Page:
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September 10, 1971


The opinion of the court was delivered by: Will, District Judge.


Petitioners, Franklin Carioscia, Fred Coduto, and Louis Guido, all in the custody of the United States Marshal pursuant to revocation of their mandatory releases by the United States Board of Parole, have applied for writs of habeas corpus pursuant to Title 28 of the United States Code, Sec. 2241 et seq. The central question presented by each of the petitions is whether the petitioners were deprived of their liberty without due process of law because of the limited scope of the hearing provided to them by the United States Board of Parole prior to revocation of their mandatory releases.


The specific facts of each petition vary slightly, although the controlling facts are essentially the same for each petitioner. The following compendium has been gathered from the documents filed in this case as part of the record and from the hearing held by this Court on June 28, 1971.

Carioscia, Coduto, and Guido were convicted of violations of the federal narcotics laws in 1964, 1959, and 1963, respectively, and were sentenced to confinement for varying lengths of time under the statutory provision that they not be eligible for parole. They remained in federal custody until December 29, 1969, July 18, 1969, and February 28, 1969, respectively, when they were each released pursuant to the provisions of Section 4163, Title 18, United States Code, which release is commonly known as the mandatory release.

Under the applicable statutes, a mandatory releasee remains under the jurisdiction of the United States Board of Parole and is subject to all provisions of the law relating to parole, as if he were actually on parole. 18 U.S.C. § 4164. A mandatory releasee, thus, is in a status similar to a parolee in that he is released from incarceration prior to the actual expiration of his prison sentence, is subject to the same rules and regulations, and is subject to having his release status revoked under the same procedures for violation of the rules and regulations applicable to parolees. The only difference between a parolee and a mandatory releasee is that a parolee is released at the discretion of the Parole Board whereas a releasee is automatically released prior to the termination of his prison term according to the extent of the statutory good time that he has accrued, notwithstanding the Parole Board's denial of or his ineligibility for parole. There is no discretion in the Board to deny a mandatory release.

On February 22 and 23, 1971, while out of prison as mandatory releasees, the petitioners were arrested by federal agents and charged with violations of the federal narcotics laws. They were indicted by a federal grand jury and held in custody until they were able, in mid-March, to post bond. Later in March, separate warrant applications were made to the Parole Board requesting the arrest of petitioners on the ground that they had violated the terms of their mandatory releases in that they had (1) violated the federal narcotics laws (the same violations which formed the basis for their arrest and criminal indictment) and (2) associated with persons having criminal records (the acts of association constituting some of the acts alleged in their indictments). The warrant applications stated that the information upon which they were based had been furnished by specific United States Probation Officers. The warrants were recommended to the Board by James R. Pace, Parole Executive, United States Board of Parole, and were subsequently issued. On April 20, 21, and 23, 1971, Pace held mandatory release revocation hearings in Chicago for the petitioners Coduto, Guido, and Carioscia, respectively. The Board of Parole, on May 3, 1971, revoked the mandatory releases of all three petitioners.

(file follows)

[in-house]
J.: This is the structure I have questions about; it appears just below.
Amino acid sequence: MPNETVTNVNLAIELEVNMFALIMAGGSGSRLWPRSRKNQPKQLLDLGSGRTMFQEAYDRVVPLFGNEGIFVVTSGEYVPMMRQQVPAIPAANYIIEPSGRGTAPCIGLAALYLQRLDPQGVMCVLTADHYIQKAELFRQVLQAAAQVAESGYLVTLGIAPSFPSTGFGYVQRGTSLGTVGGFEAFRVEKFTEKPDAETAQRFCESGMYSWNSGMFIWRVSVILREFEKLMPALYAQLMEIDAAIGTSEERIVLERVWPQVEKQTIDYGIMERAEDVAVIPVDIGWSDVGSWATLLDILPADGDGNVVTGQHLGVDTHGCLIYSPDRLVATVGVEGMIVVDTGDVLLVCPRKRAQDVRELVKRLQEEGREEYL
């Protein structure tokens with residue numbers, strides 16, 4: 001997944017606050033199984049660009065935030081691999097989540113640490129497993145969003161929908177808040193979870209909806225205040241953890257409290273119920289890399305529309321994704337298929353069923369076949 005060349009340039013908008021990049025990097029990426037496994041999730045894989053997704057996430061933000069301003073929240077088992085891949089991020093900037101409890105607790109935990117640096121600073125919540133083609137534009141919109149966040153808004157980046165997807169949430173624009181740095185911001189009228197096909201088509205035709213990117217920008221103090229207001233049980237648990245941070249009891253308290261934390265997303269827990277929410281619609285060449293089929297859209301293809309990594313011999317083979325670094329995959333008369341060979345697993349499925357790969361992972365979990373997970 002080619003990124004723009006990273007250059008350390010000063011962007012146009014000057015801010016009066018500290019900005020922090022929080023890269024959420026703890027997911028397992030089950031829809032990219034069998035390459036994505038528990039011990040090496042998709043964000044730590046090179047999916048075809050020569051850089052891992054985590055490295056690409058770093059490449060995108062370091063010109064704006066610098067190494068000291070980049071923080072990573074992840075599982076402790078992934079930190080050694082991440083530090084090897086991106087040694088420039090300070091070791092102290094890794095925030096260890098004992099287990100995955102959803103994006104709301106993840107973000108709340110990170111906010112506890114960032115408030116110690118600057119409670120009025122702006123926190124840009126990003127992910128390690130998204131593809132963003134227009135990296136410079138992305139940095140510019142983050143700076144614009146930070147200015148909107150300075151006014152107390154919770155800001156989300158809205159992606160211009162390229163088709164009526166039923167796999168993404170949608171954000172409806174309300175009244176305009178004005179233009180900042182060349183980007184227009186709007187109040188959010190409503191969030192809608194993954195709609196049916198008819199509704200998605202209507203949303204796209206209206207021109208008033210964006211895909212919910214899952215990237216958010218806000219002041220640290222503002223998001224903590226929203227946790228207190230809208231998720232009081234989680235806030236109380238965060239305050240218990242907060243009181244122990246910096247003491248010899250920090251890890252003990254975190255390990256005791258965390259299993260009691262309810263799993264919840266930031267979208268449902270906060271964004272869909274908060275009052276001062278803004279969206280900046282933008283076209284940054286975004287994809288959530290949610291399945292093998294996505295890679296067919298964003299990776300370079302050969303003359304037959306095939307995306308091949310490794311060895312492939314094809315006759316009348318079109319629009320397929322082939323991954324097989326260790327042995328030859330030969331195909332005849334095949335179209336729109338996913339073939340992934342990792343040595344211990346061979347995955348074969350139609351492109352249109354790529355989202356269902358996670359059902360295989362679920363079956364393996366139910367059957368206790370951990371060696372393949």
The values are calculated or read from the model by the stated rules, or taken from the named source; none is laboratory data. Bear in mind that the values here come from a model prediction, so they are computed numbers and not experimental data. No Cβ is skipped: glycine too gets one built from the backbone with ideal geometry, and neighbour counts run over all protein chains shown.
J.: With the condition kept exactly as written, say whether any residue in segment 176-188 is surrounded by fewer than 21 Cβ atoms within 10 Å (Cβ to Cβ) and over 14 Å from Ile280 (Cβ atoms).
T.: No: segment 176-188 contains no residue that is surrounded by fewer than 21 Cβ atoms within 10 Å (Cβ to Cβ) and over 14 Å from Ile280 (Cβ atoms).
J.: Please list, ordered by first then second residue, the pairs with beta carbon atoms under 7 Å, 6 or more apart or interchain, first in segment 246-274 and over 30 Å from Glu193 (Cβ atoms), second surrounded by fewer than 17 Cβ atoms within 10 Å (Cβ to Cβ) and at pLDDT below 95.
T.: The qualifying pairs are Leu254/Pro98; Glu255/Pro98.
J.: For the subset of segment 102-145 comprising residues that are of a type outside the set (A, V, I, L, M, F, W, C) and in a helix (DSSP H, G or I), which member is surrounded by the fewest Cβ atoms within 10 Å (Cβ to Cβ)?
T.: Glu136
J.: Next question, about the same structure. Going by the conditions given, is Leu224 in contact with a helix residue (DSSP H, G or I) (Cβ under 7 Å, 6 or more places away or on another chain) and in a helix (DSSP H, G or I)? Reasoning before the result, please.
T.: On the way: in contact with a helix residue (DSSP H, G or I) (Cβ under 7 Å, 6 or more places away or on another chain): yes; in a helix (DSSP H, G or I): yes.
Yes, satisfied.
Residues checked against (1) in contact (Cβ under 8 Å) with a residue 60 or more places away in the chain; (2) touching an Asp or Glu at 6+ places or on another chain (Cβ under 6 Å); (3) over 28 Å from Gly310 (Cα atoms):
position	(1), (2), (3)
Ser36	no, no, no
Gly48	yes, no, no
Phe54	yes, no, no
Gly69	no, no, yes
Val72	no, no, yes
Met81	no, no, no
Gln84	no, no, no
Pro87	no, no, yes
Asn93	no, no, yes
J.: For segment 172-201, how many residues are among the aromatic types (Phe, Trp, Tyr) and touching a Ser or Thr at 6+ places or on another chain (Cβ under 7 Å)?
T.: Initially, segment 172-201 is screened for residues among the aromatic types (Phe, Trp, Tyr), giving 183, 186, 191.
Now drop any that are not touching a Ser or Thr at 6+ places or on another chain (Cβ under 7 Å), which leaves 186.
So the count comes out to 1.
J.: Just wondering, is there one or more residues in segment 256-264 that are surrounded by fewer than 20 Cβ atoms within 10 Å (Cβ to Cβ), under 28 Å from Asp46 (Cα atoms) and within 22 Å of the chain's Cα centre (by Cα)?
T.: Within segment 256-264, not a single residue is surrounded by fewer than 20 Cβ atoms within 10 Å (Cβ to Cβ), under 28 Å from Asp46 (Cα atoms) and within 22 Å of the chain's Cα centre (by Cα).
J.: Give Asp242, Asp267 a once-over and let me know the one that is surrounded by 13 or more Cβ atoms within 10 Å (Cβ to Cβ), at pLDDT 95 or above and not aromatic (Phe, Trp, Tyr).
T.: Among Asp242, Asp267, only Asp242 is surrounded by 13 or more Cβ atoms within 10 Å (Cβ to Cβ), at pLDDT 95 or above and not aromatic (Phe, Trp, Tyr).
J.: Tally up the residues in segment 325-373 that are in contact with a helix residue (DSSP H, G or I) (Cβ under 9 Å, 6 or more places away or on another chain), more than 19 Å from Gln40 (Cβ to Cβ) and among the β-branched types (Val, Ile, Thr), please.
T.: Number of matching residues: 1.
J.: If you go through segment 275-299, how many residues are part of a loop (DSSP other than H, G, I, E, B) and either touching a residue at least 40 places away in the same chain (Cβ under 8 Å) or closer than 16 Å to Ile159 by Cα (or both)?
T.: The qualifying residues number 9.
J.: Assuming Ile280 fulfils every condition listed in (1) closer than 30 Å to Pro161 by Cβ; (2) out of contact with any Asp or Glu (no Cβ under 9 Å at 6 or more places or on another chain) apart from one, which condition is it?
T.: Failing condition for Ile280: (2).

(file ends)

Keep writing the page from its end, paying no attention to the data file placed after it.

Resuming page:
The petitioners raise varying grounds in support of their petitions for writs of habeas corpus. These include the following: (1) government officials have acted arbitrarily and capriciously in that the mandatory release revocation warrants, and subsequent revocations, were obtained for the sole purpose of defeating the orders of the United States District Court setting bonds for them in their criminal cases; (2) no statutory authority existed for the retaking of the petitioners; (3) the holding of a hearing prior to trial of the charges contained in the criminal indictments violated their Fifth Amendment privilege against self-incrimination; (4) the warrants for petitioners' arrests were invalid under the Fourth and Fourteenth Amendments; (5) the holding of the hearings on the warrants by the same officer who recommended their issuance violated due process and the Administrative Procedure Act; (6) the charges in the warrant applications did not charge acts constituting a violation of the conditions of petitioners' mandatory releases; and (7) the revocations based upon the same acts as those which constituted the basis for the current criminal indictments constituted double jeopardy in violation of the Fifth Amendment.